Pastoral Care volunteers complete training
By Christina Leslie | Correspondent
A cadre of 22 faith-filled volunteers celebrated the completion of the diocesan pastoral care training program April 13 with a ceremony in the Chancery, Lawrenceville. Deanna Sass, director of the diocesan Department of Pastoral Care, gave each student a small gift and a letter of completion to commemorate the valuable additions to their ministerial toolboxes.
The group had attended more than 30 hours of training over a six-month period, examining topics such as theology, suffering and the healing mission of Jesus; love of God, neighbor and self; rituals for Holy Communion and pastoral care of the sick and dying for laypersons, bereavement and other forms of pastoral ministry.
Class members hailed from parishes around the Diocese where they fulfill ministries to the bereaved, jailed and imprisoned, separated or divorced, and the diaconate. Each was pleased to add to their arsenal of knowledge from the workshops and enrichment of service to their parish families.
Kathy McBurnie, a pastoral associate in St. Catharine Parish, Holmdel, reflected that the classes “will enhance our bereavement ministry in St. Catharine’s. This will be helpful to train people to work with those who have suffered a loss.” She added, “All the information was valuable. The classes were so well taught and the instructors were wonderful. It was amazing. I will keep the information and probably will use it in the future as well.”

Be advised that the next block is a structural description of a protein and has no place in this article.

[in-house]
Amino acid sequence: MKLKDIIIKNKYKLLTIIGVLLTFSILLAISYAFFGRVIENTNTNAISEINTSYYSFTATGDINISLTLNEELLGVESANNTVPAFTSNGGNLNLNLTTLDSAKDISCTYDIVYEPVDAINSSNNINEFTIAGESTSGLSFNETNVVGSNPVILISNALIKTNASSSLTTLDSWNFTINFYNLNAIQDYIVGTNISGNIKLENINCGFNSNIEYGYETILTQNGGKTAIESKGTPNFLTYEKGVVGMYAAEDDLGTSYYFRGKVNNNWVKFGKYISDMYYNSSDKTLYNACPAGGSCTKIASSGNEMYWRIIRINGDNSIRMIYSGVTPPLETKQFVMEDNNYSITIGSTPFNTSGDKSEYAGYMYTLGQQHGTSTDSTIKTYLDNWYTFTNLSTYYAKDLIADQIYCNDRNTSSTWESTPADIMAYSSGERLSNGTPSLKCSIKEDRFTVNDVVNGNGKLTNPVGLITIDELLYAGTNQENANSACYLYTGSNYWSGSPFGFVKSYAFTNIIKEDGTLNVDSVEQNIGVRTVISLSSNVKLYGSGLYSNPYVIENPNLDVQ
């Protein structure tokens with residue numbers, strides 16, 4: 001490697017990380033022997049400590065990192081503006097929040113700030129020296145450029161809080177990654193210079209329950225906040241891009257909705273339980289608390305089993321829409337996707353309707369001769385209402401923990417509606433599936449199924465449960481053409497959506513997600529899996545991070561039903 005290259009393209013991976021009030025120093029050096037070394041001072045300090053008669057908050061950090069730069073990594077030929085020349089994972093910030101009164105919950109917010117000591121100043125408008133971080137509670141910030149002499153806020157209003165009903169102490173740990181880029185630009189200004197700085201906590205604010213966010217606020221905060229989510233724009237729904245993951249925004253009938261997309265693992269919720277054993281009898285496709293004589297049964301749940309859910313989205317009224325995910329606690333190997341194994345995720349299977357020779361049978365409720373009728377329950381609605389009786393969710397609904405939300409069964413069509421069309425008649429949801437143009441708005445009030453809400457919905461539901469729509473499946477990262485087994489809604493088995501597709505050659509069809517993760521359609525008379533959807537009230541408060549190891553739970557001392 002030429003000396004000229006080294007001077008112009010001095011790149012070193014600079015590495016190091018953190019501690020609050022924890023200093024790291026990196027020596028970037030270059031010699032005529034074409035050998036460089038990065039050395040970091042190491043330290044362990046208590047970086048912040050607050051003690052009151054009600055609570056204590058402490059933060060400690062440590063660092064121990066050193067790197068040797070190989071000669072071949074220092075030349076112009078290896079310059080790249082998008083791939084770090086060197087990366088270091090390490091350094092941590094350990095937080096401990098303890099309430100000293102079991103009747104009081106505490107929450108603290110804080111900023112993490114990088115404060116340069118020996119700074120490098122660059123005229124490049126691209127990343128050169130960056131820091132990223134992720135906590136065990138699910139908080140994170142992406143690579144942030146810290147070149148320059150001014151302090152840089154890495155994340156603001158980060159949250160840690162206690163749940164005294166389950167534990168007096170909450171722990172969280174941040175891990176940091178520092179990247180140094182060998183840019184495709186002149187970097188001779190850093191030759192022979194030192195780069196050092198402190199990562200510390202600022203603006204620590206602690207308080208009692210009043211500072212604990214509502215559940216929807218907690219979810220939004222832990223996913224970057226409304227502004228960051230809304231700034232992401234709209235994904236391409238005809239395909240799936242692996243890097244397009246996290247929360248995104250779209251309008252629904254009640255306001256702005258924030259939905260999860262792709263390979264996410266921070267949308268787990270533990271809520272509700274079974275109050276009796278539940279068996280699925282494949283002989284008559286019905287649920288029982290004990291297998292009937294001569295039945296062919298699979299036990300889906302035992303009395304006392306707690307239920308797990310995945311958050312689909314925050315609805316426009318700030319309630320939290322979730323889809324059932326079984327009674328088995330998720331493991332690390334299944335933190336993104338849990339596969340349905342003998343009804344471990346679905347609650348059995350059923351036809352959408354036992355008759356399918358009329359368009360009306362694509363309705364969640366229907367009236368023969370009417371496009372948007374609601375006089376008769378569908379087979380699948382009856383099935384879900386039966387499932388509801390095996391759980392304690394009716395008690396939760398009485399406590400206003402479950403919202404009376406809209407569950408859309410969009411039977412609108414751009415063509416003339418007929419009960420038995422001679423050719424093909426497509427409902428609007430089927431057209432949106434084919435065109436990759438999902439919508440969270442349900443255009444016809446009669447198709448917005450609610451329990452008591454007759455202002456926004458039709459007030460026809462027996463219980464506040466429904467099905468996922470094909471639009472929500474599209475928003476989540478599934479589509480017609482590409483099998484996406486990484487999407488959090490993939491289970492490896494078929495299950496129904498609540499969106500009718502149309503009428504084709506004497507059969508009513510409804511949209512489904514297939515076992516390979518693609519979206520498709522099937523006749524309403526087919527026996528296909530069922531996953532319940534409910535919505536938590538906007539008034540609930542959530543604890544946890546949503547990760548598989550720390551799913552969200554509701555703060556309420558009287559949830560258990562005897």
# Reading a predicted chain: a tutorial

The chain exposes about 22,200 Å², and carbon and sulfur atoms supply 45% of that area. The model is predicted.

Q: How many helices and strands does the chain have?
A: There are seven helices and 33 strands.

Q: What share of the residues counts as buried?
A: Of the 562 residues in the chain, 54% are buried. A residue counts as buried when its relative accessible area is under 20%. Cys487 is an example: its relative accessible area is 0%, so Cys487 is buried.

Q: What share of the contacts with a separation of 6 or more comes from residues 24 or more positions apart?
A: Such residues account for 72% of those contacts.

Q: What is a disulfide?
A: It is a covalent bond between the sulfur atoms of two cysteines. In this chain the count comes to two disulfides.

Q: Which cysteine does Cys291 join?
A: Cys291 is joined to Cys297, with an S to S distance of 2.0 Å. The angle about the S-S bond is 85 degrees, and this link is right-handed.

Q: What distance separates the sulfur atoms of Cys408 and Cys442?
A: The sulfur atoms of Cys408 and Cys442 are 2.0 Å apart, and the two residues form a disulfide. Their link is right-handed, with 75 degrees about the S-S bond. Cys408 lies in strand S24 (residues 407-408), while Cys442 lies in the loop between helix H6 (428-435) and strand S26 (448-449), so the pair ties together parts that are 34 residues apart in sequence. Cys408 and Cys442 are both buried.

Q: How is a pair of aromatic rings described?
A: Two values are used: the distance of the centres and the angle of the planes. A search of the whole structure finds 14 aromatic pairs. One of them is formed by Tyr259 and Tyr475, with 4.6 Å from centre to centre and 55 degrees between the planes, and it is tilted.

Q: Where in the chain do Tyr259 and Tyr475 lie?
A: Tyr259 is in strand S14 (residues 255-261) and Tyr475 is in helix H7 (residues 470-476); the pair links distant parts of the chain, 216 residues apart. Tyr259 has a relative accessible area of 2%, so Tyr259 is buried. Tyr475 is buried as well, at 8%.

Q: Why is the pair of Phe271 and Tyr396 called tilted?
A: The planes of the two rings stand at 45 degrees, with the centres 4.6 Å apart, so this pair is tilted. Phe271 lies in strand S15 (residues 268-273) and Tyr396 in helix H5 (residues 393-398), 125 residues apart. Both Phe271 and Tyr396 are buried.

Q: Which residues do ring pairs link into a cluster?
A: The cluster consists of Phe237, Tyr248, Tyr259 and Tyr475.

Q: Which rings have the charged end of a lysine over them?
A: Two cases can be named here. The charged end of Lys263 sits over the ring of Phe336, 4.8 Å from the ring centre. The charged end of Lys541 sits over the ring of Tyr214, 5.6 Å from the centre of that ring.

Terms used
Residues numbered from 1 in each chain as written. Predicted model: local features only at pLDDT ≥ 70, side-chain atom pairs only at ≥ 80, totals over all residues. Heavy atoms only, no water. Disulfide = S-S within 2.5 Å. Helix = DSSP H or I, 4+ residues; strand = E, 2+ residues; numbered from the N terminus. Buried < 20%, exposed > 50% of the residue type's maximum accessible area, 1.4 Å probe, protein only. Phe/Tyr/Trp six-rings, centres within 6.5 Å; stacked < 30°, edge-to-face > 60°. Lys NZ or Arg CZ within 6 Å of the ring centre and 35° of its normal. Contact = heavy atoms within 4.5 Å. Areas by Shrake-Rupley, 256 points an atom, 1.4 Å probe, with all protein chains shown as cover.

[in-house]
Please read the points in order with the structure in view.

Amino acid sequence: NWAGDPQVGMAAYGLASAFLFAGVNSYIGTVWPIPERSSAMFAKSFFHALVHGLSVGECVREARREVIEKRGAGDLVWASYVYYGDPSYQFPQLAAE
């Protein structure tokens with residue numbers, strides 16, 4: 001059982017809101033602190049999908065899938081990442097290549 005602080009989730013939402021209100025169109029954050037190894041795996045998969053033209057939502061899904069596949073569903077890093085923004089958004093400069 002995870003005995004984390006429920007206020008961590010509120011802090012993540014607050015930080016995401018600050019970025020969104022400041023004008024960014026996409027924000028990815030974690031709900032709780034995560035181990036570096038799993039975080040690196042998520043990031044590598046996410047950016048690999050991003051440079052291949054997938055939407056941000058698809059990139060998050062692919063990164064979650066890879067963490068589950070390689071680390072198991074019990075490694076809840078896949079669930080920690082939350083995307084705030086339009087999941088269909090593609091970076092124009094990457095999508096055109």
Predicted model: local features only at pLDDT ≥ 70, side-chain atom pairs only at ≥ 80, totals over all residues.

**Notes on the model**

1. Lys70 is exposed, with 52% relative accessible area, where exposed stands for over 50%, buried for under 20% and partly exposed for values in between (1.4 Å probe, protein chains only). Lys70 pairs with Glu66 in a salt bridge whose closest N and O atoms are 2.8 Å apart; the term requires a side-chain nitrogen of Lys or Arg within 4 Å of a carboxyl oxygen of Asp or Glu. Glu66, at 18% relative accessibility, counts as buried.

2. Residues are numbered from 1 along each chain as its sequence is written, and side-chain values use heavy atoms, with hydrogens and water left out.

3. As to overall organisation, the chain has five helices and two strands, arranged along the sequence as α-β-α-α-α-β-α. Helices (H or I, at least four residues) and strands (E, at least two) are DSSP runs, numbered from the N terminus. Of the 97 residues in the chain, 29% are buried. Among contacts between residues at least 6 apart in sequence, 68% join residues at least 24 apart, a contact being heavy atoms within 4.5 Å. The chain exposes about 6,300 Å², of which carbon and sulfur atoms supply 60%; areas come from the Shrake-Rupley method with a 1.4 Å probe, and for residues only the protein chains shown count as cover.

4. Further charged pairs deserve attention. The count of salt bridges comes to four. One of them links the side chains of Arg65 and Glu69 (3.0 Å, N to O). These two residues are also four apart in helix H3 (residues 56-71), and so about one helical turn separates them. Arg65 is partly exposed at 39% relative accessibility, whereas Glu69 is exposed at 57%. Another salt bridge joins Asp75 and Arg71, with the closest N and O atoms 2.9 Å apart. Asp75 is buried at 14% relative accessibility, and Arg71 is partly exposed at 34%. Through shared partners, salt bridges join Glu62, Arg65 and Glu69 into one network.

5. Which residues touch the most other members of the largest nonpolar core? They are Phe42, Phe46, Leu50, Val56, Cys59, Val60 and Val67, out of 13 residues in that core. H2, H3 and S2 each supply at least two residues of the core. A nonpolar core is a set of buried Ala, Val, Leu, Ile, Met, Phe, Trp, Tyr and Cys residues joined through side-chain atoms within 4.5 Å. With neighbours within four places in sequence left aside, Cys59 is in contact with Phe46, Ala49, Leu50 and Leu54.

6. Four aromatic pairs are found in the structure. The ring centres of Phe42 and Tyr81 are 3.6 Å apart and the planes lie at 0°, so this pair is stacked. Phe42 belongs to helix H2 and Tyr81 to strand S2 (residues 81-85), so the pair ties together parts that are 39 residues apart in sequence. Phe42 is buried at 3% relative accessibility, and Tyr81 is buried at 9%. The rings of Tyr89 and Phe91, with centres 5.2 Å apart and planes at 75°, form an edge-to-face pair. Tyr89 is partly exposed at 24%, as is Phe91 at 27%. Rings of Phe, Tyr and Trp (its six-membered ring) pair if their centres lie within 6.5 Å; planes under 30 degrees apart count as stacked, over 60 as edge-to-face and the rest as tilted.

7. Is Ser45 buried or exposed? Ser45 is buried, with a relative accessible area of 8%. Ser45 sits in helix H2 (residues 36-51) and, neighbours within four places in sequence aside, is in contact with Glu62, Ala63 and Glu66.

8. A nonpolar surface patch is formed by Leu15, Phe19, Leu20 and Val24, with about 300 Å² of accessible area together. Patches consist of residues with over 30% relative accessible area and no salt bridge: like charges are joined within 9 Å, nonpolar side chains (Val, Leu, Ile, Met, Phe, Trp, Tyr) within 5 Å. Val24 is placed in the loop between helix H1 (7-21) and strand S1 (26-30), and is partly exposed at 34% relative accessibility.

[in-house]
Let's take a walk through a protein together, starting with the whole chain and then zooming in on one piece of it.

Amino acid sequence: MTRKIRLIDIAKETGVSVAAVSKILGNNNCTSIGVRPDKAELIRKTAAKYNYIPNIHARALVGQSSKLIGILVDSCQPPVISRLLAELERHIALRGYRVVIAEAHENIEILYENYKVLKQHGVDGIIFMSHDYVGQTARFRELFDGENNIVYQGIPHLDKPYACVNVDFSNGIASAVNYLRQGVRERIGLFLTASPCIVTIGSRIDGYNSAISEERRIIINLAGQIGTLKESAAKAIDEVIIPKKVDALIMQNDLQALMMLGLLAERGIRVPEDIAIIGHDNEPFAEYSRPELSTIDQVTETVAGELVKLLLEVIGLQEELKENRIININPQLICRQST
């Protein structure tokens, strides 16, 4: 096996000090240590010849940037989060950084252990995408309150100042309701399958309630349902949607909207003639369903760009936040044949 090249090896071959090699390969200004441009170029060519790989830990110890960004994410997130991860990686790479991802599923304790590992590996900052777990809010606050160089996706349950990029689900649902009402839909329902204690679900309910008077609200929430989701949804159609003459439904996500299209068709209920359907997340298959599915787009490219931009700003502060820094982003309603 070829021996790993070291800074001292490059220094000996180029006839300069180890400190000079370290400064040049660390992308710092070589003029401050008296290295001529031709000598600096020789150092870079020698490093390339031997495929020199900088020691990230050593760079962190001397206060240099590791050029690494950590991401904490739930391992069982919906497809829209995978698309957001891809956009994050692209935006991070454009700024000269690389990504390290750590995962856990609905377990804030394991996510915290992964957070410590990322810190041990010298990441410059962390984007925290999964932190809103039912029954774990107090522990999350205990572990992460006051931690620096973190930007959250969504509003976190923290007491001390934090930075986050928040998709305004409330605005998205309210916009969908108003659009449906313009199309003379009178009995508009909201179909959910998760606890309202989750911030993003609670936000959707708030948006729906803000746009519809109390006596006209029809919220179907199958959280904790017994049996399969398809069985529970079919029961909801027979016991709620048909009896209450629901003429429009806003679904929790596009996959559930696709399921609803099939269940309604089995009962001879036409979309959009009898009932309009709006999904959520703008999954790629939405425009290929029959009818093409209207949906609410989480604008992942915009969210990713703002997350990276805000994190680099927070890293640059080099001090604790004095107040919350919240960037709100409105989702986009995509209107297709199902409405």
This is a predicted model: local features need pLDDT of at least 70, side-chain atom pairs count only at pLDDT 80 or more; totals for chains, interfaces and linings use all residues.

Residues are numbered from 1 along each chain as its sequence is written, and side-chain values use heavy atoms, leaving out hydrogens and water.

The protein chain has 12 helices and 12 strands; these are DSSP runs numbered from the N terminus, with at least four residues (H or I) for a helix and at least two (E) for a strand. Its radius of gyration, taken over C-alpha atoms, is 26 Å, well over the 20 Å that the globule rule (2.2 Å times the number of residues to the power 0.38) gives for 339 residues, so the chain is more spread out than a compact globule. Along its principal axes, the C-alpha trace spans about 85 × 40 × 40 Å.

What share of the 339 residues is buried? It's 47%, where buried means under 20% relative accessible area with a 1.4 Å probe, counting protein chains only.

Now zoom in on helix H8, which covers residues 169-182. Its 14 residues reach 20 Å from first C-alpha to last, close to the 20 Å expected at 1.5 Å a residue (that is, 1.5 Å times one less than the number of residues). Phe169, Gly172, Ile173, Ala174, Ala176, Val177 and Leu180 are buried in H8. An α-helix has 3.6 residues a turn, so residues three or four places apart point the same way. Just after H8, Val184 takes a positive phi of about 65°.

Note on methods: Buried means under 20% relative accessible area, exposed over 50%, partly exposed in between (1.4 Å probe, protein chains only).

John and Caroline White are active members of St. Monica Parish, Jackson. The husband and wife both serve on the pastoral council and as Extraordinary Ministers of Holy Communion; in addition, Caroline teaches religious education to special needs children, while John is on the building committee and performs maintenance at the parish.
“We at St. Monica are working hard to build everything, all the ministries,” Caroline said. “We want to see where we can best serve, and the classes helped.”
John White focused on the topic of bereavement and his future ministry as a deacon for the Diocese of Trenton.
“I lost a nephew and tried to comfort my sister,” he recalled sadly. “I thought, since I had applied for the diaconate, I’d better see if I could do it better.”